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Two More Letters to Those Who Attempted to Discourage Us as Writers — 1 Comment

  1. Dear Miss Bludgeon,
    I was around 16 years of age, and have no memory of how old you might have been at that time. I didn’t know you, and you didn’t know me. I’d never had you as a class teacher. You had been assigned to monitor the exams we were all taking who were that age. It was for the General Certificate of Education exams created administered throughout all English highs schools at that time.
    It was terrifying. Arranged in rows in the gym, because an ordinary classroom would not have been big enough, we all felt it was a do-or-die marker in those last years of High School.
    Did you, Miss Bludgeon, have any idea how serious and nerve-wracking this sort of unusual event can be for a child, even one who is a teenager? No, I don’t think you could have.
    One of the items on the agenda was to write an essay about something you remembered from your childhood. I liked this assignment because it didn’t depend on rote memory of a bunch of facts, but just remembering something from my own real life!
    For some reason, I landed on a particular memory of mine that isn’t at all earth-shattering, but I hoped to convey why it still, even today, fascinates me.
    I had been evacuated out of Liverpool during World War Two, to live with a dear Aunt of mine in Yorkshire, a place thought to be safe from the bombing. I was two years old at the time, and was going to love the green fields, low stone walls, sheep and trees of that lovely green countryside. But best of all was to be taken care of by my very dear and loving Aunt. She was a happy soul and like to sing—especially Irish sings—as she swept the kitchen, peeled potatoes or made tea. She gave me free rein to explore the house and the big outdoors when the weather was nice.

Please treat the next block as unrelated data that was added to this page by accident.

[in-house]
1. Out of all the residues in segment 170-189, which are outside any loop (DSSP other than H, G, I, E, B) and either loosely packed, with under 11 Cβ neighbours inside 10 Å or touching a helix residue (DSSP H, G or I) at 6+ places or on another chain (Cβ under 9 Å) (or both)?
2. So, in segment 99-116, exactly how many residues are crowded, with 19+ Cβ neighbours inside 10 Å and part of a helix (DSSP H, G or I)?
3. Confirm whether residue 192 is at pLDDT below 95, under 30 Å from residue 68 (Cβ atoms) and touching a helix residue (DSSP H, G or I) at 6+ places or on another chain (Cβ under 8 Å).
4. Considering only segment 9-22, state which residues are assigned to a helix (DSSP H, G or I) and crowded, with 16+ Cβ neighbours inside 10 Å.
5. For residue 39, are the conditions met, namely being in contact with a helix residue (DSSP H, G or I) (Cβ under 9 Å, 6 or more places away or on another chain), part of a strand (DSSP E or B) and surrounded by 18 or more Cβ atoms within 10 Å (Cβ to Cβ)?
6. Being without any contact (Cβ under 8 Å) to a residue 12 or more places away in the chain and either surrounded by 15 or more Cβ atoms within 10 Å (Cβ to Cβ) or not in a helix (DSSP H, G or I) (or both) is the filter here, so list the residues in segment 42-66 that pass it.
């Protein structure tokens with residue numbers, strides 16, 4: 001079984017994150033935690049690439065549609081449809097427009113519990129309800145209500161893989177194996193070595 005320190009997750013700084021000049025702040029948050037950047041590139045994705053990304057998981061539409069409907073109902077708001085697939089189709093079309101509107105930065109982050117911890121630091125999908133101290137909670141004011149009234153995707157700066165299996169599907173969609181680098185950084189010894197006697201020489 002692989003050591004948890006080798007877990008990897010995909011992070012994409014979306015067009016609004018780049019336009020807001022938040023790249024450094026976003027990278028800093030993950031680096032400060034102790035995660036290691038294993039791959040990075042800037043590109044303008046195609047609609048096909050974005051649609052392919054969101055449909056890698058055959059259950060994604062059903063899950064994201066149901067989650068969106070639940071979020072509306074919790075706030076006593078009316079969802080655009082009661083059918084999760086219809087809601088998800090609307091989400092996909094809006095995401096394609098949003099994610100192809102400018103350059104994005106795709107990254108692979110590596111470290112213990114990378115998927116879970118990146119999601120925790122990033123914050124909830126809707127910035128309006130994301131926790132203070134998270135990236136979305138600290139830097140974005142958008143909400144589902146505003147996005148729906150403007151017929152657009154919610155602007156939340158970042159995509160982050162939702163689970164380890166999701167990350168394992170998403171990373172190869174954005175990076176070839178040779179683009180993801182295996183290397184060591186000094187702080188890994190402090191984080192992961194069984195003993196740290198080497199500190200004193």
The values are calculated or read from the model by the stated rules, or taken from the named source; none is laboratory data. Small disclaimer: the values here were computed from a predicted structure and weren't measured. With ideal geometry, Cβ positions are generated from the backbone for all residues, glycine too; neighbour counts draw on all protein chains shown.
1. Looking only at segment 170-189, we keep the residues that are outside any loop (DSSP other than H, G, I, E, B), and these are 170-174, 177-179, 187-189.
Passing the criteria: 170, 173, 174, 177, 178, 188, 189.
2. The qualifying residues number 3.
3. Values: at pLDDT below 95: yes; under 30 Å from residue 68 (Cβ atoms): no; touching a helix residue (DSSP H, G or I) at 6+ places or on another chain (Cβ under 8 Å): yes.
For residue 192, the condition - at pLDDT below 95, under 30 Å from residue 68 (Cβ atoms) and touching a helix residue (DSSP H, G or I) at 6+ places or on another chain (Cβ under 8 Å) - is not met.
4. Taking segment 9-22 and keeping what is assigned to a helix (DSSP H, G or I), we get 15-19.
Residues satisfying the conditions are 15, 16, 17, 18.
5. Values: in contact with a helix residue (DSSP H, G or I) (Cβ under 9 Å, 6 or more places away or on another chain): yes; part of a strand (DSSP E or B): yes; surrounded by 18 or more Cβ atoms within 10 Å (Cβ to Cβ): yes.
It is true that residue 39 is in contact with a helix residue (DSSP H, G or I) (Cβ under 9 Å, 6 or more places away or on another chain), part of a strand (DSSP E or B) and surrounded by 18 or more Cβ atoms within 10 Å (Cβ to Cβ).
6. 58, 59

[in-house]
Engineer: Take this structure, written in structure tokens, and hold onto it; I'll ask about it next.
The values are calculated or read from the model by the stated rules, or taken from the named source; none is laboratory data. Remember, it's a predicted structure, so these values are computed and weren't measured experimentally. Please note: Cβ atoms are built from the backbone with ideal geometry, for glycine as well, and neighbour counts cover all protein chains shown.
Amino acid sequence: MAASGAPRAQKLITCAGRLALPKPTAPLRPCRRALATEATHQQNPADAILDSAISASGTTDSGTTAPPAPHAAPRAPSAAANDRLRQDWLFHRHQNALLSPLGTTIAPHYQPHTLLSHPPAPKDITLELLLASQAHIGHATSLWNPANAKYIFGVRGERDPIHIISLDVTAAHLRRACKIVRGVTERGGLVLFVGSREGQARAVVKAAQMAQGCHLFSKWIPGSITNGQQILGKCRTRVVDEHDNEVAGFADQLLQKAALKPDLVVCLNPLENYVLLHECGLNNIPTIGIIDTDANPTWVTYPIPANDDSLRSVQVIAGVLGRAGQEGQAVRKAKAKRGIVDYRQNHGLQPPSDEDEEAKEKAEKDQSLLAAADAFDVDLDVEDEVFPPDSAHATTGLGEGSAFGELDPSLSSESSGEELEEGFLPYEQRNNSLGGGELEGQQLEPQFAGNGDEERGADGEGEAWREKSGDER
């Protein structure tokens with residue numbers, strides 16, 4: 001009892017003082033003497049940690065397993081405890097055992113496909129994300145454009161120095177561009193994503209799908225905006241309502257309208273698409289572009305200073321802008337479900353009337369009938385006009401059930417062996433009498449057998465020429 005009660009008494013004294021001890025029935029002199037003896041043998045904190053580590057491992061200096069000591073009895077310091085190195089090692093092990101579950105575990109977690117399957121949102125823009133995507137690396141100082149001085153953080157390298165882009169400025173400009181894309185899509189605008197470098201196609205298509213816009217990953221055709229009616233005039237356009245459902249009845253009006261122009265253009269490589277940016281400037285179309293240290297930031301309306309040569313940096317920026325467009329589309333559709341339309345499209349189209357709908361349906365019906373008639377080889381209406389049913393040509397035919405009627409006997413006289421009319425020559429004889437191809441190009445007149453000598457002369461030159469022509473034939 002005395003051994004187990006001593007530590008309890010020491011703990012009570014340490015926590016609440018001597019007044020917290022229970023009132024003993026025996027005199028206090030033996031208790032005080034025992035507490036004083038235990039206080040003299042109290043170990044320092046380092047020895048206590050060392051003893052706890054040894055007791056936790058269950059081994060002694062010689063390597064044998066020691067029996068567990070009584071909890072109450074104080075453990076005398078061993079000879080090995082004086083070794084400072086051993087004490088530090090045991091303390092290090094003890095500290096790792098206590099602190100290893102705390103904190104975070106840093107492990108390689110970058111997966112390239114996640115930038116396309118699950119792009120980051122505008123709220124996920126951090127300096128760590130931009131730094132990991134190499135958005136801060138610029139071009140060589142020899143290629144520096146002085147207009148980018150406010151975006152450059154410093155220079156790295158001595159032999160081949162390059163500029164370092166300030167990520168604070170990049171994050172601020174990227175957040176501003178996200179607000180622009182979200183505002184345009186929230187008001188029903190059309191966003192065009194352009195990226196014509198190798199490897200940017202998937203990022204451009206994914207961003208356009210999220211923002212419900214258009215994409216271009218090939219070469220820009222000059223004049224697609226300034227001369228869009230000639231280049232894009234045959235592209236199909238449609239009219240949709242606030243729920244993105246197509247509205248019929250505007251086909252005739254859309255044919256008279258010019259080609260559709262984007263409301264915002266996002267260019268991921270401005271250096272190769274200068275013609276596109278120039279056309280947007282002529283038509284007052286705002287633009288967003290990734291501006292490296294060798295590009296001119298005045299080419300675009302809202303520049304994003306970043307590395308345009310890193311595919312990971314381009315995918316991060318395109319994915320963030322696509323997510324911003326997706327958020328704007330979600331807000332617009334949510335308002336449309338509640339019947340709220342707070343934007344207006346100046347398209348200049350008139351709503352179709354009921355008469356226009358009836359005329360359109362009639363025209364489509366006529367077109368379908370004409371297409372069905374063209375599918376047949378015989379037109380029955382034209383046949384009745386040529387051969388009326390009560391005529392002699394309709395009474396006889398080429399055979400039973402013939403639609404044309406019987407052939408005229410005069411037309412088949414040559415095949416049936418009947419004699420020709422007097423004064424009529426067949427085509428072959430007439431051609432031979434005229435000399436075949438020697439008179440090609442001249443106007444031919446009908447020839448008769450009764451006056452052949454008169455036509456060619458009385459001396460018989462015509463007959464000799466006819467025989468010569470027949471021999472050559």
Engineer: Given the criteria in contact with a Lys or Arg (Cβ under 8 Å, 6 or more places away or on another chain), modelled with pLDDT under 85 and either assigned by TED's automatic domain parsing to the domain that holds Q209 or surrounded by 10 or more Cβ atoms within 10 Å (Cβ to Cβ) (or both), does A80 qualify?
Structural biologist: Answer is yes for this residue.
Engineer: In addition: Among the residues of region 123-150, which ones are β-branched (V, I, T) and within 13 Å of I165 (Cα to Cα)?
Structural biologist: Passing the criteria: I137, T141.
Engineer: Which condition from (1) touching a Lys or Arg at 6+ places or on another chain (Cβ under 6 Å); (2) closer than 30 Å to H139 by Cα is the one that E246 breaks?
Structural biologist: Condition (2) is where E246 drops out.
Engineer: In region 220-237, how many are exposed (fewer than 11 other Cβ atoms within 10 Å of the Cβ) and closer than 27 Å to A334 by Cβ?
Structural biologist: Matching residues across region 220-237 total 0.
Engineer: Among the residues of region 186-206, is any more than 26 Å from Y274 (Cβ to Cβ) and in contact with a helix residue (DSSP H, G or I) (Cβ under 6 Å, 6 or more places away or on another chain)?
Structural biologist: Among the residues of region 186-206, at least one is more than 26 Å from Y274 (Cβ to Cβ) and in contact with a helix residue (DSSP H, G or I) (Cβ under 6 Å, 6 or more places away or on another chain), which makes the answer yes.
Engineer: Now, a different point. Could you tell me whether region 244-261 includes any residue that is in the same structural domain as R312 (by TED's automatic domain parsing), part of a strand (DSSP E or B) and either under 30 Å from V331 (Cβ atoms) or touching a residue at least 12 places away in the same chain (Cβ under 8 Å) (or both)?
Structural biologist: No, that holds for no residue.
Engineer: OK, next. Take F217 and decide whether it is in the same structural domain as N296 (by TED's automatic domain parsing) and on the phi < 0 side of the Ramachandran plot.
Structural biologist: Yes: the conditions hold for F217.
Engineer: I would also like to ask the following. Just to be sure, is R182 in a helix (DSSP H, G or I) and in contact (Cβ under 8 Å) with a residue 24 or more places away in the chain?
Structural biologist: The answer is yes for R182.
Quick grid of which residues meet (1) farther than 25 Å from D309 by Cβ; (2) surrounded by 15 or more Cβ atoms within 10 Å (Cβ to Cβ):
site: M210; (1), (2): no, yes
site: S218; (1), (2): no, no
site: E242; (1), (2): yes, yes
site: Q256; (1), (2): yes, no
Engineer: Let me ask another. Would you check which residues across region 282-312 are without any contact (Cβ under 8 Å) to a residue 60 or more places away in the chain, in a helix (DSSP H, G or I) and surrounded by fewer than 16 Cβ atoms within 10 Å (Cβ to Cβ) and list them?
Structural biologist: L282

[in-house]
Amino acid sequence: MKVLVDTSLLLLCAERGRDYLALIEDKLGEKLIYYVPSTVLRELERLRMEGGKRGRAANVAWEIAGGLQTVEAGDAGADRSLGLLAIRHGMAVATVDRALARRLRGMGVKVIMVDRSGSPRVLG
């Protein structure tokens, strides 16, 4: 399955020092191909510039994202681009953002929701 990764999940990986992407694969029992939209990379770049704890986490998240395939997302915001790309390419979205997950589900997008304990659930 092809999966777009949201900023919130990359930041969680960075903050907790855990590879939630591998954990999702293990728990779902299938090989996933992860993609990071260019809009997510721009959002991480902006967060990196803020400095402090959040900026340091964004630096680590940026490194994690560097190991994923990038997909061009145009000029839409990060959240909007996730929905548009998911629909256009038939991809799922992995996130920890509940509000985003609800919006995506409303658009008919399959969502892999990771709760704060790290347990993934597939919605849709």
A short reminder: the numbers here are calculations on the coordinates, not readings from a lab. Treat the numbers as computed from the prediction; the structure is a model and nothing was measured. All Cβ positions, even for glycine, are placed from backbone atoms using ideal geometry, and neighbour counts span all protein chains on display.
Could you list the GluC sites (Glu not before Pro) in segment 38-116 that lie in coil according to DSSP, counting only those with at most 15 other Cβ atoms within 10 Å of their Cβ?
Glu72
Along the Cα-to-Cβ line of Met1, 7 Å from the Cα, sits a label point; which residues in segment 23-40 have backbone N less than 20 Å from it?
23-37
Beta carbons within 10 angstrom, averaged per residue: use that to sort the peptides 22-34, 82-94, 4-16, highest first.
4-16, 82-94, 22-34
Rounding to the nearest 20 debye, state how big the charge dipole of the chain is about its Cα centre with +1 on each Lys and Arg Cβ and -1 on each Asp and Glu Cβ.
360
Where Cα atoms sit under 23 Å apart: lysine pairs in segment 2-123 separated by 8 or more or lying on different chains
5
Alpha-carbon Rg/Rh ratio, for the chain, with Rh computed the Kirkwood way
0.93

But what I came to love most was a window on the second floor that was a design in colored glass pieces. I discovered that the glass allowed me to see the garden and the house next door in different colors. I could make the world all red with the red glass: a pink sky, dark red trees, and scarlet bricks in the wall of the neighboring house. Or it could be a lemon sky, bronze leaves, and yellow bricks in that house, I changed the world out there depending on which colors I selected—blue, green, purple, and the shock of back to clear glass and how it was to begin with. It felt like such a power and excitement, each color creating a different feeling with it too, It was fascinating. I don’t know if my aunt ever knew how much I loved this game but she never interfered.
    So this is what my essay was about.
    So after the essays were collected up for some initial scrutiny by the monitoring staff, this is where you reappeared at my side, Miss Bludgeon, with a comment that shook me to the core. “You just made this up, didn’t you?!” you hissed in my ear, as you slid the papers under my face. What? I must have looked up at you with shock and pain in my eyes. Of course I could not say it—that it is what I remembered. I couldn’t understand what made you think I’d cheated. What was it that made you so angry!
    You were finding fault not with my writing, but what the child in me liked to imagine and play with. Isn’t this very natural to a child, and very much a part of all good writing of fiction, poetry, essays and plays, that it IS made up, and expressed with imagination.
    I’m glad I passed that exam in any case And that I never had to see you again, Miss Bludgeon. But I hope you found the child in you that loves to dream and fantasize, and just relax into the fun of writing, painting, dancing, seeing the magic of color and light that gives life to all things, including you.

    Shelagh Cosgrove, January 2022.

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